Epitope mapping

The biochip was spotted in triplicate with MUC18 8-mer and 6-mer oligopeptides at one amino acid resolution (acetyl capped at the N-termini on the ChipMDA_130046) and then incubated with JM1-24-3 (1.0 μg/mL) at 4 °C for 2 h, followed by washing and incubation with goat anti-mouse IgGFc Alexa 647 conjugated (0.01 μg/mL) at 4 °C for 2 h, and then washed again. The image of the biochip was scanned in Cy5 channel and data analyzed.

Immunohistochemistry (IHC) analysis

The expression of MUC18 on melanoma patient tissues and on TMA containing several normal tissues and cancers was detected by IHC using JM1-24-3 mAb (1:1000) as described previously [1].

Immunoprecipitation (IP) and mass spectrometry (MS)

IP was conducted on cell lysates (100 μg) using Protein A beads (0.2 mL) and JM1-24-3 (10 μg) or irrelevant control antibodies as described previously [1]. Excised bands were analyzed with a ProteinChip system in Series 4000 Mass Spectrometry (Bio-Rad) as described previously [1].

Reverse phase protein Array (RPPA)

WM266-4 cells were treated with JM1-24-3 or its F (ab’)2 fragment for 1 h or 6 h and RPPA conducted [6]. Heat map results were analyzed for changes in protein expression using Ingenuity Pathway Analysis (IPA) [7] software (Qiagen Bioinformatics) to identify down-stream signaling pathways.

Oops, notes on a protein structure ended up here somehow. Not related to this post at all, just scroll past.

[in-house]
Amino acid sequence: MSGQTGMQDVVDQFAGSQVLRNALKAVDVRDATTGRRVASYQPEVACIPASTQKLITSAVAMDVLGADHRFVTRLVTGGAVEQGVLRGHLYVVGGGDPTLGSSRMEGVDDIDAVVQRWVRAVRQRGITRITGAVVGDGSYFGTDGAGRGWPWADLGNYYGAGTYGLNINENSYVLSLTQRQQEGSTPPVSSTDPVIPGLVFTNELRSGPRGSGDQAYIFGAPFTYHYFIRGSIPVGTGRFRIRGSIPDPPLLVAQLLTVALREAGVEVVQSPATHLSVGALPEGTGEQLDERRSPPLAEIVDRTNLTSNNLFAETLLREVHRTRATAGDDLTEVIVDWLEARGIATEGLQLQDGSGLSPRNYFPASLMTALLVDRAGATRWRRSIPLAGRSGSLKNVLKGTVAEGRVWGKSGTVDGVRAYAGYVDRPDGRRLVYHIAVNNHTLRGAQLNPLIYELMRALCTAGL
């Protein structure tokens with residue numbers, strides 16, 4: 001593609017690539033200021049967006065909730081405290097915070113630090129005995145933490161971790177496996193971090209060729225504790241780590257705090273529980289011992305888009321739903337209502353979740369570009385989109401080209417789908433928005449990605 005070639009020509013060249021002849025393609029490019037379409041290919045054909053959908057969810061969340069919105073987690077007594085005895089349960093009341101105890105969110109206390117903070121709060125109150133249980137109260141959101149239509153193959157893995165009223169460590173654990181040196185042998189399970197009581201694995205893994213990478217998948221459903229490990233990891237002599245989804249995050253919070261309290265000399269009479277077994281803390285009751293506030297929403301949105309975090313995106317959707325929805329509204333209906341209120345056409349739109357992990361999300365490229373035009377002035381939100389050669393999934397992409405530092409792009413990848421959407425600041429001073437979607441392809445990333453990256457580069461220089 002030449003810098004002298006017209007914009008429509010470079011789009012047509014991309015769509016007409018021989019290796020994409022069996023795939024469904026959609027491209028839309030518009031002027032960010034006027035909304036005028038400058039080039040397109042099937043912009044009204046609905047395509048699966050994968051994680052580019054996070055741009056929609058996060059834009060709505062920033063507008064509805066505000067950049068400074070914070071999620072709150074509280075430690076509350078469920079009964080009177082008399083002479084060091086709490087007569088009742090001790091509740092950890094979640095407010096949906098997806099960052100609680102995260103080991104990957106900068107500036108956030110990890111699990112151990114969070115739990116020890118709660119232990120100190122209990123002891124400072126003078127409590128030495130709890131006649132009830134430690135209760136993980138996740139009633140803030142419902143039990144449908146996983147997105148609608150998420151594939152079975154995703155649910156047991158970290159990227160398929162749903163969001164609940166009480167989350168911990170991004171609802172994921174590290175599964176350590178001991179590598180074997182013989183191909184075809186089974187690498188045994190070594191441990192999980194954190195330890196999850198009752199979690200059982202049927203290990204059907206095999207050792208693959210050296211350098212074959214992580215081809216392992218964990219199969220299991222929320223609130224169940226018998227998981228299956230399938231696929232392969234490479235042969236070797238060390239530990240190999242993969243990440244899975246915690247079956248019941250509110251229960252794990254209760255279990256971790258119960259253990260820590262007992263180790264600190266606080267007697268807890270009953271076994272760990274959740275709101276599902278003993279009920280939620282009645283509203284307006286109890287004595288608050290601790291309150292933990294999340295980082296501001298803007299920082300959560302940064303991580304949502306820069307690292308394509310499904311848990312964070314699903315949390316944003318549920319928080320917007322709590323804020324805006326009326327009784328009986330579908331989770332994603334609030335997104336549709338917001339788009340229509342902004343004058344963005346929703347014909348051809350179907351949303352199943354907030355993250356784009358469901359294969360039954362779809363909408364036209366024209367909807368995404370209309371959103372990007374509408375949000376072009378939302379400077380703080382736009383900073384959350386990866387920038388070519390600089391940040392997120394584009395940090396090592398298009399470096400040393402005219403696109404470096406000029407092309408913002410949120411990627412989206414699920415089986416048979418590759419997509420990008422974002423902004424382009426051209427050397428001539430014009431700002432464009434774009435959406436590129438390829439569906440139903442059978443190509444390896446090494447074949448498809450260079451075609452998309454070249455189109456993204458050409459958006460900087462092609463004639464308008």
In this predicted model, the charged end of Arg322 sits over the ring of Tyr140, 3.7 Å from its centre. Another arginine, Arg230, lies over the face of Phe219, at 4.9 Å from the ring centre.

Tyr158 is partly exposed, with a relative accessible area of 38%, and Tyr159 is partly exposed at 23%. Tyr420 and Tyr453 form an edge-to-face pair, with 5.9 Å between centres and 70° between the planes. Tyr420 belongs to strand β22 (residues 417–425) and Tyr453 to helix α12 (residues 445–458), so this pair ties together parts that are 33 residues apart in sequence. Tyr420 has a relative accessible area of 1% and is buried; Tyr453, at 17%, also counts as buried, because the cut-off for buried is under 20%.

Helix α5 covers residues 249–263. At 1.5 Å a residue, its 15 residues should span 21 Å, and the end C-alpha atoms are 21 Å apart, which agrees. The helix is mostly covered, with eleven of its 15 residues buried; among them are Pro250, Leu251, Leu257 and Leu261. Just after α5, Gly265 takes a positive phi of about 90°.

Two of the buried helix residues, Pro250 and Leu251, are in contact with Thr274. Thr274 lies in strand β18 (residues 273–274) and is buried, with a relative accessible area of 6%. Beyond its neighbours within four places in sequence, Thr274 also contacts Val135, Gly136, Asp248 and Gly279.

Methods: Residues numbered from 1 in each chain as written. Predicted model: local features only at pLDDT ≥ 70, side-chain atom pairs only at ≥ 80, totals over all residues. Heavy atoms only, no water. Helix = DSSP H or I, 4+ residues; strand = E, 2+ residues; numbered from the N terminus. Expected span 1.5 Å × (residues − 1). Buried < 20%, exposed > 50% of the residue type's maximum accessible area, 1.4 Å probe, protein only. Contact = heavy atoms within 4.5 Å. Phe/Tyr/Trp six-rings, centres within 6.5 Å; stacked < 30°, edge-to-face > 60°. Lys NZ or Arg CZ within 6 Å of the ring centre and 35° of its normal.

Structural modeling

The homology model of the extracellular domain (residues 5–559) of MUC18 was generated using the Swiss Model web interface [8], using the functional motif of “search for templates”. The first approach modes were used to generate an initial homology model and accompanying sequence alignment, which was then manually modified using Coot [9]. A final correction of the alignment was then performed in Swiss Pdb Viewer. This model and the accompanying corrected sequence alignment were then input into the Optimization Mode of Swiss Model. The final pdb files were used to display the overall conformation and the antibody epitope locations.

The homology model of JM1-24-3 variable domain was generated using BioLuminate v.1.1 (Schrödinger, New York, NY). Template coordinates for heavy chain and light chain were chosen from PDB structure 4BKL and 6I1O respectively based on the sequence homology search. CDRs were modeled using the BioLuminate Basic Loop Model function. Experimental data were incorporated into the program for interaction. All antibody structure images were generated using Maestro and PyMol (Schrödinger, New York, NY).

In vitro cell proliferation, migration and invasion studies

These studies were conducted on incubating cells with and without JM1-24-3 or irrelevant mAb (150 μg/mL) for 1 week as described previously [1]. For migration assays, 3 × 104 cells in serum-free medium (300 μL) were incubated with and without JM1-24-3 (150 μg/mL) or irrelevant mAb for 24 h. Invasion assays were carried out by a similar protocol using QCM ECMatrix cell Invasion Assay Kit (EMD Millipore).

In vivo tumor Xenograft studies of melanoma growth and metastasis